After Shinzo Abe, president of Japan's ruling Liberal Democratic Party (LDP), was elected prime minister in a parliamentary vote earlier yesterday, the Foreign Ministry expressed hope that the new Japanese leadership would work to improve frayed bilateral relations.
"We hope the new Japanese leader can make positive efforts to improve and develop Sino-Japanese relations," ministry spokesman Qin Gang told a regular news briefing in Beijing.
As the youngest Prime Minister since World War II, Abe, 52, announced a 17-member cabinet yesterday with outspoken Foreign Minister Taro Aso, 66, who shares many of Abe's conservative views, keeping his portfolio.
Qin said China hopes Abe will "match words with deeds over the issue of placing importance on Asian diplomacy." Qin also repeated China's opposition to prime ministerial visits to the Yasukuni Shrine in Tokyo, which, among others, honors 14 class-A WWII war criminals.
In the run-up to the election, Abe had made improving Sino-Japanese relations a priority, an encouraging step with relations between the two Asian powers at the worst in decades. This is primarily due to Abe's predecessor Junichiro Koizumi's repeated visits to the shrine, seen by China and some other Asian nations as a symbol of Japan's past militarism.
"China's position on the issue of Yasukuni Shrine is consistent and clear," Qin said.
China has refused to hold summit meetings with Japanese leaders until official visits to the shrine cease.
"On the question of the timing and conditions for a meeting between the leaders of China and Japan, we have repeatedly clarified our position," Qin said.
Sub-cabinet level talks continued yesterday in Tokyo, led by Deputy Foreign Minister Dai Bingguo and his Japanese counterpart Shotaro Yachi. Although precise details have been kept quiet, speculation has been rife that the talks are to pave the way for a summit between the leaders of the two countries. Qin said the talks would continue as long as needed.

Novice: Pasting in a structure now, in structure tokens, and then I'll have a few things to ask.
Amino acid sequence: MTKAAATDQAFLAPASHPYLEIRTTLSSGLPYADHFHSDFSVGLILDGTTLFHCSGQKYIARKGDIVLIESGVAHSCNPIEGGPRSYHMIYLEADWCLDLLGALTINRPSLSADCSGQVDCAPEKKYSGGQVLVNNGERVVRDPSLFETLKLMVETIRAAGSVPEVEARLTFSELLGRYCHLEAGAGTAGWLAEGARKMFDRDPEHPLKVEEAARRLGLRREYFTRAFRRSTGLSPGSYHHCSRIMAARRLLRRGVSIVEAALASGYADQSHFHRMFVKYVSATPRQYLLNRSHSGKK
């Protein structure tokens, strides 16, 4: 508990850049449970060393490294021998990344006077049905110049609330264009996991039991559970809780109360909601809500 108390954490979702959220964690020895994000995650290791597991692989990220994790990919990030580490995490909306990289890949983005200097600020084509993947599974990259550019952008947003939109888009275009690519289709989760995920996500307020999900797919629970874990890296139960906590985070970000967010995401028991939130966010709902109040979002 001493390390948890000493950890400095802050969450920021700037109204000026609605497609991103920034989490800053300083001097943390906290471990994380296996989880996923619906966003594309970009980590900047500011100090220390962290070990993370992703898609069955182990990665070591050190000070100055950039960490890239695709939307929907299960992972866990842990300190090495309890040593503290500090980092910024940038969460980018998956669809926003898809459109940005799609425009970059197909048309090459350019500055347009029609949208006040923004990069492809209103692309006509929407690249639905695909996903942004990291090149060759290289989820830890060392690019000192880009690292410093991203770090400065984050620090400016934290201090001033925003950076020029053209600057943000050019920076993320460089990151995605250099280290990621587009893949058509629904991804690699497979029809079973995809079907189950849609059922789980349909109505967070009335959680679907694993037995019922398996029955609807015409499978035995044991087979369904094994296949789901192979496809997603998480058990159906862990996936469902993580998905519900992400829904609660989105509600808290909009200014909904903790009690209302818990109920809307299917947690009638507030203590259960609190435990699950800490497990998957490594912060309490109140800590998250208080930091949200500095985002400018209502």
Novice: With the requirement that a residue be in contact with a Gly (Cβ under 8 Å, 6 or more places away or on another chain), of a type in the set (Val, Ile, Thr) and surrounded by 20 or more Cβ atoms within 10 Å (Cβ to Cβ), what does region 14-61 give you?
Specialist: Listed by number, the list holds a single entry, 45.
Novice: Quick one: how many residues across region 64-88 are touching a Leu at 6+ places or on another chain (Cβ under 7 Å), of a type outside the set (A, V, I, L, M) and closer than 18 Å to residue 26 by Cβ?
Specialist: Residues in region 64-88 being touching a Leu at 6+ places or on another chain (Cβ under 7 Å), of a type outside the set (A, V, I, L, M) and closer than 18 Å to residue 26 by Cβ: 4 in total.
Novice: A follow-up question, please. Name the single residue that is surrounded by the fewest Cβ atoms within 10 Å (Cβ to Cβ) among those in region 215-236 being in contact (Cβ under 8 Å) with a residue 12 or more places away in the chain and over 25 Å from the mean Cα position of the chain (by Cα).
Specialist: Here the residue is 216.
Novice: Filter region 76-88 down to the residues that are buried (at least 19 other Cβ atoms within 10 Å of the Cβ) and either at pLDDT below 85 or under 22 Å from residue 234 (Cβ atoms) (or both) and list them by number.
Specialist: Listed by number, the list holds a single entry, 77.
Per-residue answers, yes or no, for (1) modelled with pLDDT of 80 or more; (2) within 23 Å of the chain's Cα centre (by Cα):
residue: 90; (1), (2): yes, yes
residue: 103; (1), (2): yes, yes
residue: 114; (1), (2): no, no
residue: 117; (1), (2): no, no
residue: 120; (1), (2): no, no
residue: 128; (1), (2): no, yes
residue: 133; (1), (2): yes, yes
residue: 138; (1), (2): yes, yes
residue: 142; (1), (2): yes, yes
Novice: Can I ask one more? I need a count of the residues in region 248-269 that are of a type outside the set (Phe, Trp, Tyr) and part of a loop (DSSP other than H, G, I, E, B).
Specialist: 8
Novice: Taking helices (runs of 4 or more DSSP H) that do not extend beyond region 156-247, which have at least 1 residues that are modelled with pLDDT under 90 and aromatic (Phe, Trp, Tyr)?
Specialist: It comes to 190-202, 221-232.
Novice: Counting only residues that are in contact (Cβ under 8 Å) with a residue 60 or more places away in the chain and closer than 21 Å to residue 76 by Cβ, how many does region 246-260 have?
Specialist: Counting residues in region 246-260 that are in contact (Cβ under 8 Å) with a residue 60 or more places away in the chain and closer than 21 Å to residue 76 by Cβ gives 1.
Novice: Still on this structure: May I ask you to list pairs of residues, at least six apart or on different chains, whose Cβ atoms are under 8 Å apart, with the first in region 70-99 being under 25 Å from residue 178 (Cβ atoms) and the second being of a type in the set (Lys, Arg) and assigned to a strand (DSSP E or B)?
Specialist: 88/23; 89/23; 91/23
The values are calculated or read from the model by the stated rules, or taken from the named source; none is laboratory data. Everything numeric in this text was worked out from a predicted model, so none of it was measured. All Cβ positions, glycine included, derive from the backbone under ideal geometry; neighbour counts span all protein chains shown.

Addressing a question on the stalled six-party talks aimed at denuclearizing the Korean Peninsula, Qin said China supports and encourages the US and North Korea to hold direct bilateral talks.
"We hope they, as the major responsible parties, can resolve the relevant issues through negotiations with flexible and pragmatic attitudes," Qin said, adding that "China will continue to make constructive efforts and we hope the concerned parties make constructive efforts, too."
He said China and South Korea are preparing for a visit to Seoul by Vice Foreign Minister Wu Dawei to encourage the resumption of the talks. The talks, involving China, the US, Russia, Japan, South and North Korea, stalled after the first phase of the fifth round of talks ended last November.
(China Daily September 27, 2006)